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May 25th, 2012 by Tan Wei Shen under Commentary

Traditional Social Media vs Visual Media

Pinterest_Logo instagram

Is Pinterest and Instagram really the way forward for social media marketing?

Facebook yesterday announced the launch of its Facebook Camera app for iOS users, less than 2 months after the social network giant made headlines around the world with the news that it was acquiring Instagram, the popular photo sharing service, for a staggering 1 billion.

Besides the fact that the Facebook IPO isn’t reaching the valuation investors initially suggested, the Facebook Camera app – which by all accounts contains functions and filters which are mostly similar to Instagram – comes at a time when social media users remain highly enamoured by images, and the messages/brands/feelings they can convey. Wanna push your brand new product through social media using Facebook and Twitter? You’re more likely to enjoy greater success nowadays by snapping pictures of your product (artistically of course), choosing a nice filter, and posting it on Instagram and Pinterest. Congratulations, you’ve become a saavy visual social media marketeer!

Melodramatics aside, the rise of visual social media does pose a threat to the more traditional (you never thought you’d see the day when both of these words are used in the same space, did you?) social mediums, notably Facebook and Twitter. Already, Google+ has seen a decrease in activity since Pinterest started appearing on everyone’s social radar (report here). Sure, you can post and share photos and images on these services, but it’s not nearly the same thing. The main difference is, communities like Pinterest and Instagram were built from the ground up, with a focus on image sharing, not with the image added as an afterthought. Oddly enough, that proved to be more than enough.

So now that we know that Visual Social Media will probably be the Next Big Thing in every social media manager’s portfolio, what are some of the pitfalls we should avoid?

1) Don’t over-saturate your feed with branding

Ok, this seems like the very opposite of what you should be doing. What this basically means though, is that if your company already has a highly visible logo and brand (think Mcdonald’s golden arches for instance), the last thing you’d want to do, is to bombard your feed with more photos of those arches. A little goes a long way when it comes to images, and in this case, it’s often better to find meaningful images that will tie your brand and consumers together rather than go trigger happy with posting mundane images.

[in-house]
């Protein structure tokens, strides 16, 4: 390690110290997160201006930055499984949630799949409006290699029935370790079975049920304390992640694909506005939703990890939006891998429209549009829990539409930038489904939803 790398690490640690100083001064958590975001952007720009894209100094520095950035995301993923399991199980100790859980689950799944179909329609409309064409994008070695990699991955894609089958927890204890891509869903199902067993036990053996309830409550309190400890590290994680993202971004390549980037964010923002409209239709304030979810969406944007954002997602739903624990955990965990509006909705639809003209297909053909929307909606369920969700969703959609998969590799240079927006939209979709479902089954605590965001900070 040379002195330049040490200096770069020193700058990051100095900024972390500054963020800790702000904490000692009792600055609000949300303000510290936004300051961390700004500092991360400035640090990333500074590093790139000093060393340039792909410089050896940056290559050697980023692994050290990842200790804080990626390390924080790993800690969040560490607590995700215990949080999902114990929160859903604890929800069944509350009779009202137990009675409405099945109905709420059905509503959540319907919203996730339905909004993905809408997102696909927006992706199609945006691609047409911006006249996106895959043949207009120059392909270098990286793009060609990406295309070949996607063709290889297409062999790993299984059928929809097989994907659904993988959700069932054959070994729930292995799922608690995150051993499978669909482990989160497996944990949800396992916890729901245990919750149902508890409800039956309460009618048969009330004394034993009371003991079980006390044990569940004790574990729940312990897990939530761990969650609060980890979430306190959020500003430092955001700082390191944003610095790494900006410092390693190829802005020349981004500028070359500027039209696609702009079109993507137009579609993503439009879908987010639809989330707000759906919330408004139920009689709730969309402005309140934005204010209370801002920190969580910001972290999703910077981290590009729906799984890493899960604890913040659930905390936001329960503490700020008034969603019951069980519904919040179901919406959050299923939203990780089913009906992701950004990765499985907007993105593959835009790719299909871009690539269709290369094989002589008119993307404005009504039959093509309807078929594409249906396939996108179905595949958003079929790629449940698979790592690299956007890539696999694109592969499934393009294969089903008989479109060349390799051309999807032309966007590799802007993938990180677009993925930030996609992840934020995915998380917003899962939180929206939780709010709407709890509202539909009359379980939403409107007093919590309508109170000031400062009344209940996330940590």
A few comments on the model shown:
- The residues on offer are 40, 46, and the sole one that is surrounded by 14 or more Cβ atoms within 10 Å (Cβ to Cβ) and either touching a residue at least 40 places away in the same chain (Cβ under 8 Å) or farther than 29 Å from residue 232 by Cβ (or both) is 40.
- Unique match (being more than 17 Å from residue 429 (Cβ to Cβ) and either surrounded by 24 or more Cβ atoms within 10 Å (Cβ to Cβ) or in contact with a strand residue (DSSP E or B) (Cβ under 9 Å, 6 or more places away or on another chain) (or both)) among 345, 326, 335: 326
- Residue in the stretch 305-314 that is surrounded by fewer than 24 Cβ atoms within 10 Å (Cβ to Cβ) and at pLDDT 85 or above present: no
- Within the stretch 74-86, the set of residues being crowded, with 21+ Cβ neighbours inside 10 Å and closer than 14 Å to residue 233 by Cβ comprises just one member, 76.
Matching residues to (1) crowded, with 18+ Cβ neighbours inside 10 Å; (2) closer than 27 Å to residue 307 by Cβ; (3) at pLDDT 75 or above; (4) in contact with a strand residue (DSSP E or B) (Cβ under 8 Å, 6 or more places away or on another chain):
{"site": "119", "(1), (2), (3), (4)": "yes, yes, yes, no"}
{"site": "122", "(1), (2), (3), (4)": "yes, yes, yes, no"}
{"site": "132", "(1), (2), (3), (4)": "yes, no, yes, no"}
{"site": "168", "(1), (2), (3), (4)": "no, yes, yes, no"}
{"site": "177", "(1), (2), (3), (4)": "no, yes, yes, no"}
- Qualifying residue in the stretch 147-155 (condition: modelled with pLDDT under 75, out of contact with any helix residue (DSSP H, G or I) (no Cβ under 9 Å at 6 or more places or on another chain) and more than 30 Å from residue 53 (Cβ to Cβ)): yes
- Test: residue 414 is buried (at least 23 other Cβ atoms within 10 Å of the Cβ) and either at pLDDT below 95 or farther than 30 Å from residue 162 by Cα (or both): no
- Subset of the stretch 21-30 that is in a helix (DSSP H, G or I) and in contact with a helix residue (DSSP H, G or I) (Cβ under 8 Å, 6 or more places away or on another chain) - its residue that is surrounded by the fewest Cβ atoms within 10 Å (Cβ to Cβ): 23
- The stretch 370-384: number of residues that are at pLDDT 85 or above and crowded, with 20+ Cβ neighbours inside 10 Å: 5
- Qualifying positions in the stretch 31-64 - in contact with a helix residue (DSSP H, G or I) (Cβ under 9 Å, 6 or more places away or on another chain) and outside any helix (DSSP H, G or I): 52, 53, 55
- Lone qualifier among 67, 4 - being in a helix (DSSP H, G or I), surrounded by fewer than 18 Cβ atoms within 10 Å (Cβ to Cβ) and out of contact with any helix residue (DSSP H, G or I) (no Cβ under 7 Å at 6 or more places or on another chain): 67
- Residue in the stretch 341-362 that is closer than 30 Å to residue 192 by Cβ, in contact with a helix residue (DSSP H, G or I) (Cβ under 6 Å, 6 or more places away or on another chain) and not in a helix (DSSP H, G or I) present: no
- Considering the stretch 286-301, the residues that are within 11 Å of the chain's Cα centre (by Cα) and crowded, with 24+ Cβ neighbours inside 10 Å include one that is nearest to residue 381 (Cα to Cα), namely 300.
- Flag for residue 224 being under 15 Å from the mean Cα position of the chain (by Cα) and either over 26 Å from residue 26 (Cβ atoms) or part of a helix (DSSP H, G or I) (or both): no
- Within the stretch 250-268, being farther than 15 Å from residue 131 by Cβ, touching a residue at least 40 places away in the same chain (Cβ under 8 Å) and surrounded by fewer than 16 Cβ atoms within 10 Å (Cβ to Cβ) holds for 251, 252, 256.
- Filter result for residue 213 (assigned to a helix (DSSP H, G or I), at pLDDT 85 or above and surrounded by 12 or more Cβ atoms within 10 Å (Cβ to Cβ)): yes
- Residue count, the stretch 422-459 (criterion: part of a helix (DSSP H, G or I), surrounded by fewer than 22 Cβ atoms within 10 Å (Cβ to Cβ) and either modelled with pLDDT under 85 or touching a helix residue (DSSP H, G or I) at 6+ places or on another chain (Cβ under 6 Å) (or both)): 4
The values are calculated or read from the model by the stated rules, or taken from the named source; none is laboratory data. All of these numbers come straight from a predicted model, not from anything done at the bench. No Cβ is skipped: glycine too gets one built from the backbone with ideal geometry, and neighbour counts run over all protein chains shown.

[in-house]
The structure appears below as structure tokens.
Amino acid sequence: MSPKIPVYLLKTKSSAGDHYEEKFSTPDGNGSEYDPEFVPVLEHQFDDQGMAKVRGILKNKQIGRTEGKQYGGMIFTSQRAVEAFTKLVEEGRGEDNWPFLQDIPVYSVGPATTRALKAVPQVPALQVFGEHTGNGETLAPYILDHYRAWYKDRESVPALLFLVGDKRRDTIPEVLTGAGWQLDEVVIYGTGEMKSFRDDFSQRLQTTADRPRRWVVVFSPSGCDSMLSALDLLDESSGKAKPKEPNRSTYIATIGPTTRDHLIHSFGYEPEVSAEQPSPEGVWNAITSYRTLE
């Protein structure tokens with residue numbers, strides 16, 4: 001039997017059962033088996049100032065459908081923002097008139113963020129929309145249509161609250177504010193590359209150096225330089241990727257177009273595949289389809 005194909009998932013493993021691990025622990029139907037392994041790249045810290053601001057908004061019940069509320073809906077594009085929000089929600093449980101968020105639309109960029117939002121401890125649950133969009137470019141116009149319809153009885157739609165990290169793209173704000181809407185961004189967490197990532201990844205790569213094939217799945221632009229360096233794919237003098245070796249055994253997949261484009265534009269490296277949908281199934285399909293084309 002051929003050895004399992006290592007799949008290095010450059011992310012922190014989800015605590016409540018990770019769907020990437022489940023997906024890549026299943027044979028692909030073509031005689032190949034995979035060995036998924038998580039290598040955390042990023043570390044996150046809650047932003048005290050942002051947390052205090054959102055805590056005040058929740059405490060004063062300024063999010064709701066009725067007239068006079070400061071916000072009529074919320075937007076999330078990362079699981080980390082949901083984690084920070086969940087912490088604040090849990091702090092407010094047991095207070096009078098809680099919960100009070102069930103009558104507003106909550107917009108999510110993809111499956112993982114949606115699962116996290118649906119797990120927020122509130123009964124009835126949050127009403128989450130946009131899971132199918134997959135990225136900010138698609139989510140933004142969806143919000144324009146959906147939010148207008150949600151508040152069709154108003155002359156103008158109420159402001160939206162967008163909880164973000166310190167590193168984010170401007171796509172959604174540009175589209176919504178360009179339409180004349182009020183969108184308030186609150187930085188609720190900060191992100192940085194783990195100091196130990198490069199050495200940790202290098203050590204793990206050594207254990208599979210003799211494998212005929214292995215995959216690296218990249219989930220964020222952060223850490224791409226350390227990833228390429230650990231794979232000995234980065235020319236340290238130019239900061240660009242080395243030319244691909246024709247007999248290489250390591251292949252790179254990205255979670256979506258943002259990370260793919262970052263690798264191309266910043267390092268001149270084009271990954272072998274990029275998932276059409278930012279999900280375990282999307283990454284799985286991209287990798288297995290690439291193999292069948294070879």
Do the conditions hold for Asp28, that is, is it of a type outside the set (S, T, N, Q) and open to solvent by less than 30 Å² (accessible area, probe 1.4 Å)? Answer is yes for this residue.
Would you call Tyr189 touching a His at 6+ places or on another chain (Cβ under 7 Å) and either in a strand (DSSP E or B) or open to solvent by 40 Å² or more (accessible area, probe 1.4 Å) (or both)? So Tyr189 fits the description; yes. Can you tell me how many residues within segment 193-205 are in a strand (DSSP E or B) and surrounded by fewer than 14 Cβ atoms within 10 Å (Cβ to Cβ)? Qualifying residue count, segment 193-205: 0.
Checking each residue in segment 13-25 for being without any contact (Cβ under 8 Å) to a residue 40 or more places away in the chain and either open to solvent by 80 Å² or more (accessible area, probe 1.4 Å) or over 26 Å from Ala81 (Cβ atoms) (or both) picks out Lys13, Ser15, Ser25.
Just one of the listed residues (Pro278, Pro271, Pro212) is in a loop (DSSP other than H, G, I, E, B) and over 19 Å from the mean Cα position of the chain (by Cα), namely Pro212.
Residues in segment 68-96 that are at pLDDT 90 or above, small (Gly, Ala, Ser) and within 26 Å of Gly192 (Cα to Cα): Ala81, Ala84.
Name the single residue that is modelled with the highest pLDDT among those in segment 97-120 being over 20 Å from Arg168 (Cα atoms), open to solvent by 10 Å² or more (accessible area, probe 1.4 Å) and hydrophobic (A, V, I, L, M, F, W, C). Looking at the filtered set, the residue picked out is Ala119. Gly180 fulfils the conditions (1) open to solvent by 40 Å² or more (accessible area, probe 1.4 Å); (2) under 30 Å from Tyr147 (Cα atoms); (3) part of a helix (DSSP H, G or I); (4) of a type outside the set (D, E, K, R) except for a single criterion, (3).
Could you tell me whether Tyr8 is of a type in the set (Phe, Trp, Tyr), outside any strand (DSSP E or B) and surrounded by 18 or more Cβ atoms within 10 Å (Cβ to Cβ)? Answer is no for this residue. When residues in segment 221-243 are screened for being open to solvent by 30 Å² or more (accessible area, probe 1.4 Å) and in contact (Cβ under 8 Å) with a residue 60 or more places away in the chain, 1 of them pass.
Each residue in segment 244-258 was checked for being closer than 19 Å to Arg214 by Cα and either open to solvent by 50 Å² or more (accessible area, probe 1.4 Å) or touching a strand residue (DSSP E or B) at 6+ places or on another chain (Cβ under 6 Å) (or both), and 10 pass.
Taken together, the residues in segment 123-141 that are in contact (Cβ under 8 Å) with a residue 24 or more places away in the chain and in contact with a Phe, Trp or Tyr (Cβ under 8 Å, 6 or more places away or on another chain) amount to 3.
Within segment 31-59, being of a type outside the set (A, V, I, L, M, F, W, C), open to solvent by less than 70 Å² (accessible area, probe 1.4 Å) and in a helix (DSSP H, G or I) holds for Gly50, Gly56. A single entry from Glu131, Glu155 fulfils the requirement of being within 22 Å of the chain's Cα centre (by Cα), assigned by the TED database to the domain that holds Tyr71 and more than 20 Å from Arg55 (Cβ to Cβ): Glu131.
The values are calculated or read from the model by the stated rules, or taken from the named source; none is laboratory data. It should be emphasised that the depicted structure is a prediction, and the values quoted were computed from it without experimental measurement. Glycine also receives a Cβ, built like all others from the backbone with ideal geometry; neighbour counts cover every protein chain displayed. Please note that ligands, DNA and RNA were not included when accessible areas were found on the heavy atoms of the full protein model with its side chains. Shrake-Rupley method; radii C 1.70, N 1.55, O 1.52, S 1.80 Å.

2) Don’t re-use content

Some brands make the mistake of sharing ALL their content across ALL their social media identities. One thing to note that since Instagram and Pinterest are mostly image sites, content should for the most part be different. If the same images are used across all your identities however, you’re not creating any intrinsic value for your consumers to follow all your social media identities. If a consumer could see the same photo on Facebook, why should he or she follow you on Instagram and Pinterest and be flooded by the same images when he checks in?

3) No press shots

Taking a photo that was included in a press release and uploading it on your Instagram or Pinterest profile (even if you add a filter, it REALLY doesn’t count) just smacks of laziness. Users follow brands on Instagram or Pinterest mainly because they hope to see photos or images that are less run-of-the-mill and which better reveal the inner workings of the brand or corporation. It could be just as innocent as inpromptu shots of employees preparing coffee in the morning, or the unpacking of products – shots like these are what create connections with followers.

4) Don’t ditch the community

If you start with these communities, attribute the same amount of time and effort you would to your Facebook and Twitter profiles as you would to your Instagram and Pinterest profiles. It’s really easy for followers to tell the sincere brands from the insincere ones – especially when the feeds stop coming.

September 8th, 2010 by Benjamin Koe under Corporate

JamiQ gets interviewed in Digital Life today

DigitalLife 08092010

While we appreciate the coverage, I need to point out that the paper made a mistake. Our product ReputationWatch was launched last Friday in partnership with SingTel. We’re not pitching it to VCs at the event as the caption to our lovely photo suggests.

But if any VC out there likes what we’ve got, we’re more than interested to talk.

August 18th, 2010 by Benjamin Koe under Commentary

How do Singaporeans feel about cloud computing?

JamiQ in DL - 18 Aug 2010 (small)

JamiQ has partnered with The Straits Times Digital Life to produce a series of insights based on the local voice of the social media. Today’s featured chart showcases the Singapore public’s sentiment toward cloud computing.

This industry insight is available on Digital Life (18 August), page 36.

January 16th, 2009 by Benjamin Koe under Corporate

JamiQ’s media week

This week was fantastic for JamiQ. In the spand of two days we were published in two national papers here in Singapore.

We were interviewed for an article on mining online sentiment in The Straits Times Digital Life on Wednesday, 14 January 2009 and again for an article on startups in TODAY, Friday, 16 January 2009.

This is a great step for JamiQ, considering we haven’t even put out our first press release.

There’s more exciting developments to come, so watch for it!

UPDATE: One more piece of coverage in The Sunday Times.

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